Skip to content
Spinnaker pipelines as code
Branch: master
Clone or download
Fetching latest commit…
Cannot retrieve the latest commit at this time.
Type Name Latest commit message Commit time
Failed to load latest commit information.
src Gradle build tidying Feb 25, 2019

Canal Spinnaker Pipeline DSL

Build Status

Canal - an artificial waterway constructed to allow the passage of boats or ships out to sea

Spinnaker pipelines are a great way to deploy your services to the cloud. There is already a beautiful UI for creating them and watching them execute.

Image of Spinnaker pipeline UI

Many people use the JSON representation of a pipeline as the source of truth for their pipelines in version control. But pipelines often get complicated and the JSON can get unruly.

Image of Spinnaker pipeline JSON UI

Canal allows you to actually write your pipeline description as code.

  • Use common programming constructs (loops, conditionals, composition...) for conciseness, reduced duplication, and reuse.
  • A compiler and IDE assistance help validate your pipeline as you write it.
  • Unit tests can make assertions on your pipeline structure and expression evaluations.

Image of Canal in Idea

If you have ever modified the pipeline JSON directly you will immediately notice how much simpler the pipeline definition below is over the equivalent JSON.

  • No longer required to maintain the tedious 'refId' and 'requisiteStageRefIds' relationships. Instead, build the stage graph implicitly with 'then' blocks.
  • Based on class and method definitions, gain an understanding of what attributes are available and which of those are required. The duplicate and unnecessary attributes are hidden from you.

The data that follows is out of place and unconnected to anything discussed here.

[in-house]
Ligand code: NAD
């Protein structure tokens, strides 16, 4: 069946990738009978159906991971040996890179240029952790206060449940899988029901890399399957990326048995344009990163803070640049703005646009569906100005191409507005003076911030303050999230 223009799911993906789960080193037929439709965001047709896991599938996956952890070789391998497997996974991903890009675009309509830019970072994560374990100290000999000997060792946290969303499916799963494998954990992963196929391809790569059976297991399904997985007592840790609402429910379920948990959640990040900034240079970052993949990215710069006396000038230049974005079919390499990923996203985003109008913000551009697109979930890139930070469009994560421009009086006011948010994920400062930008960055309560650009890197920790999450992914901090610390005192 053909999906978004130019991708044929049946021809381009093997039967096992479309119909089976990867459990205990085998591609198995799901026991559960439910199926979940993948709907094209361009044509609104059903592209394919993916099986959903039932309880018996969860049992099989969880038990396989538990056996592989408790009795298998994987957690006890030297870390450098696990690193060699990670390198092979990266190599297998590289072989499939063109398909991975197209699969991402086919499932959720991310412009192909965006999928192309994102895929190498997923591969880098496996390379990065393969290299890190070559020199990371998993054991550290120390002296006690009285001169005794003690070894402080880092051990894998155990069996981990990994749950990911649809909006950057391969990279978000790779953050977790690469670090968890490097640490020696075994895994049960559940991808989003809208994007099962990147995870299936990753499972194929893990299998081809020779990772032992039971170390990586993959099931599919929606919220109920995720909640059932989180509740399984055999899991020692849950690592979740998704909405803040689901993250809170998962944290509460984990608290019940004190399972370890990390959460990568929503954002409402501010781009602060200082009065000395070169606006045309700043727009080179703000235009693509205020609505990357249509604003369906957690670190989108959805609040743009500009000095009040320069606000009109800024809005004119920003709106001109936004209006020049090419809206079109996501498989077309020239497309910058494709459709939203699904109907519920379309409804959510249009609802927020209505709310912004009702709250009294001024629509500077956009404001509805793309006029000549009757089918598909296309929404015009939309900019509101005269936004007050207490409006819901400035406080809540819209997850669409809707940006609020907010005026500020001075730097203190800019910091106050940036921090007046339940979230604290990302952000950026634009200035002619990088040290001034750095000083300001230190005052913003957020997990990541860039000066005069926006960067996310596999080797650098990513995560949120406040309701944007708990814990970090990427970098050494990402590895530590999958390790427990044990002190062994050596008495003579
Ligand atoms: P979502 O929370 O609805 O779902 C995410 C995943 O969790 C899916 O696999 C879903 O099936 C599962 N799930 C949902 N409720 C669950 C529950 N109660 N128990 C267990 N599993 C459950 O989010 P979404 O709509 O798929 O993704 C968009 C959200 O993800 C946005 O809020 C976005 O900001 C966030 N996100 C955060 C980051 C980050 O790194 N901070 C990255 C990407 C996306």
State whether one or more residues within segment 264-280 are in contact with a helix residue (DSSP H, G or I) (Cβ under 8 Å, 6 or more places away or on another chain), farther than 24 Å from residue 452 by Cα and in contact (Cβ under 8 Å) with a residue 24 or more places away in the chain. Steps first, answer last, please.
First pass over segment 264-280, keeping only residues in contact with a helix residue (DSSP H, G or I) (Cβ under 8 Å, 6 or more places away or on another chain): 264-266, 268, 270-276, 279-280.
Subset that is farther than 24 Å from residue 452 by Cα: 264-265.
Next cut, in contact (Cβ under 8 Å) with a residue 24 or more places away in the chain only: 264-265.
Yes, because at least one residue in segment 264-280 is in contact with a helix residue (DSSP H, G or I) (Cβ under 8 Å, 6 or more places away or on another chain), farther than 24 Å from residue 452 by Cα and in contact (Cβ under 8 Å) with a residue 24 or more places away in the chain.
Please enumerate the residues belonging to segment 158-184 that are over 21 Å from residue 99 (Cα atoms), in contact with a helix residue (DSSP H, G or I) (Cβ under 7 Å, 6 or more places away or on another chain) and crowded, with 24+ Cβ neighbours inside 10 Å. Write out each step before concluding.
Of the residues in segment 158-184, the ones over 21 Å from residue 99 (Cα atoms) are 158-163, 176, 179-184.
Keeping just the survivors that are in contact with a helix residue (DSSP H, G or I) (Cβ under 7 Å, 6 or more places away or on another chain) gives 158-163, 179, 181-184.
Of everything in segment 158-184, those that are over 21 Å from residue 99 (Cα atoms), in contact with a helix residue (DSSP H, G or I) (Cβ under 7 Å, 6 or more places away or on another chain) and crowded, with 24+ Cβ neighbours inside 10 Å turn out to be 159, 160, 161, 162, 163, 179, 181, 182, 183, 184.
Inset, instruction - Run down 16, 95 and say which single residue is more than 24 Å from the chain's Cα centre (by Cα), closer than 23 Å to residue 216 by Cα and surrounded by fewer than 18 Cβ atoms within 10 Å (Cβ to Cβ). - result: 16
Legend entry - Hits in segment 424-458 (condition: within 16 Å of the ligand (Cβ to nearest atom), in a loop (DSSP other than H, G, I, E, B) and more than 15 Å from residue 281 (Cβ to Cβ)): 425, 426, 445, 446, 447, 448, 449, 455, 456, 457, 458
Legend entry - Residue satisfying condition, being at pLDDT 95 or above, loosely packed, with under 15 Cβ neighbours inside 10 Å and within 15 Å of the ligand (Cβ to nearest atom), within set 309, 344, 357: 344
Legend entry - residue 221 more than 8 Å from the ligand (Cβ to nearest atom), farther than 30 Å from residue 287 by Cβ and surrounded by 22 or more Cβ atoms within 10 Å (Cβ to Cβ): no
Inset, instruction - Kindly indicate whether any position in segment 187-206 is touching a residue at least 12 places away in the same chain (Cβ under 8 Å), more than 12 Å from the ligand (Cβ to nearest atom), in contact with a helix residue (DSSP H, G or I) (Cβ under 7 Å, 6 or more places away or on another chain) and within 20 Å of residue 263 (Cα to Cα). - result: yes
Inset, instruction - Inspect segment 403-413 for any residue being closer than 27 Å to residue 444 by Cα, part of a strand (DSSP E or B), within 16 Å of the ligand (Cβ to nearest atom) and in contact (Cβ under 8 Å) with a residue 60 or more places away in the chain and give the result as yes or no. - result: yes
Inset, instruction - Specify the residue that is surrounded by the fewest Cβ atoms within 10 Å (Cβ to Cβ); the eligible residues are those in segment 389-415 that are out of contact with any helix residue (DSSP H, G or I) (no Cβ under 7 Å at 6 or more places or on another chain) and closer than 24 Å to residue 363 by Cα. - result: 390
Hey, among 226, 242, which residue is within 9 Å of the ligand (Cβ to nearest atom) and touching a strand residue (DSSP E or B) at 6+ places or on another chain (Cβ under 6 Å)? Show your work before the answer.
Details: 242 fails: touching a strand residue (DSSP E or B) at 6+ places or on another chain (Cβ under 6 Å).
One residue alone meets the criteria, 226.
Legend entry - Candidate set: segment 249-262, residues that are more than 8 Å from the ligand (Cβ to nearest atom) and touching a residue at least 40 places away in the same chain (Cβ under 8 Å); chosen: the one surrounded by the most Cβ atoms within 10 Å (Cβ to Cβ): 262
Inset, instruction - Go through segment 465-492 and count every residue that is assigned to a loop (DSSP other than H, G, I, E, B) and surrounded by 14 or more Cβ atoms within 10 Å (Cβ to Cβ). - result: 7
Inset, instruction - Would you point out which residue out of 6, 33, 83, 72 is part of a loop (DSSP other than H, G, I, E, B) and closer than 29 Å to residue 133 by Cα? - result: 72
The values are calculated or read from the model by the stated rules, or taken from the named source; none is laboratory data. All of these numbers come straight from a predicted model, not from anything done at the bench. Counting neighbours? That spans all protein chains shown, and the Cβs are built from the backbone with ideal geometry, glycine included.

• Use String interpolation and any language feature of Kotlin when writing your pipelines.
pipeline("Canal Example") {
    stages = stages {
                                "\${ {'Corinth', 'Panama', 'Suez'}.contains(trigger['parameters']['canalName']) }"
                name = "Check canal name"
        ) then {
            stage(Wait(1), name = "Wait for decent weather")
            stage(Wait(2), name = "Wait for reservation #${reservationNumber}")
            stage(Wait(3), name = "Wait for lock to open")
        } then {
                    name = "Travel through canal"
                    org = "canal-pipelines",
                    repo = "canal"

You can already use Spring Expression Language (SpEL) in your pipeline to dynamically evaluate certain values. It can, however, be difficult to understand the results of more complicated expressions or even confirm they are valid. With Canal you can unit test the structure of your resulting pipeline including expression evaluations given a specific pipeline execution context.

val pipelineExecution = PipelineExecution(
                "parameters" to mapOf(
                        "canalName" to "Panama"
val evaluator = ExpressionEvaluator(pipelineExecution)

val evaluatedPipeline = evaluator.evaluate(pipeline)


Note that the example above is contrived. A real pipeline would likely involve triggering based on commit hooks, building an artifact, deploying that through environments (like test, stage, prod), and running integration tests along the way. This example was kept simple so that it could be put into Spinnaker and run quickly and without any modifications. Check out the unit tests for more examples.

You can’t perform that action at this time.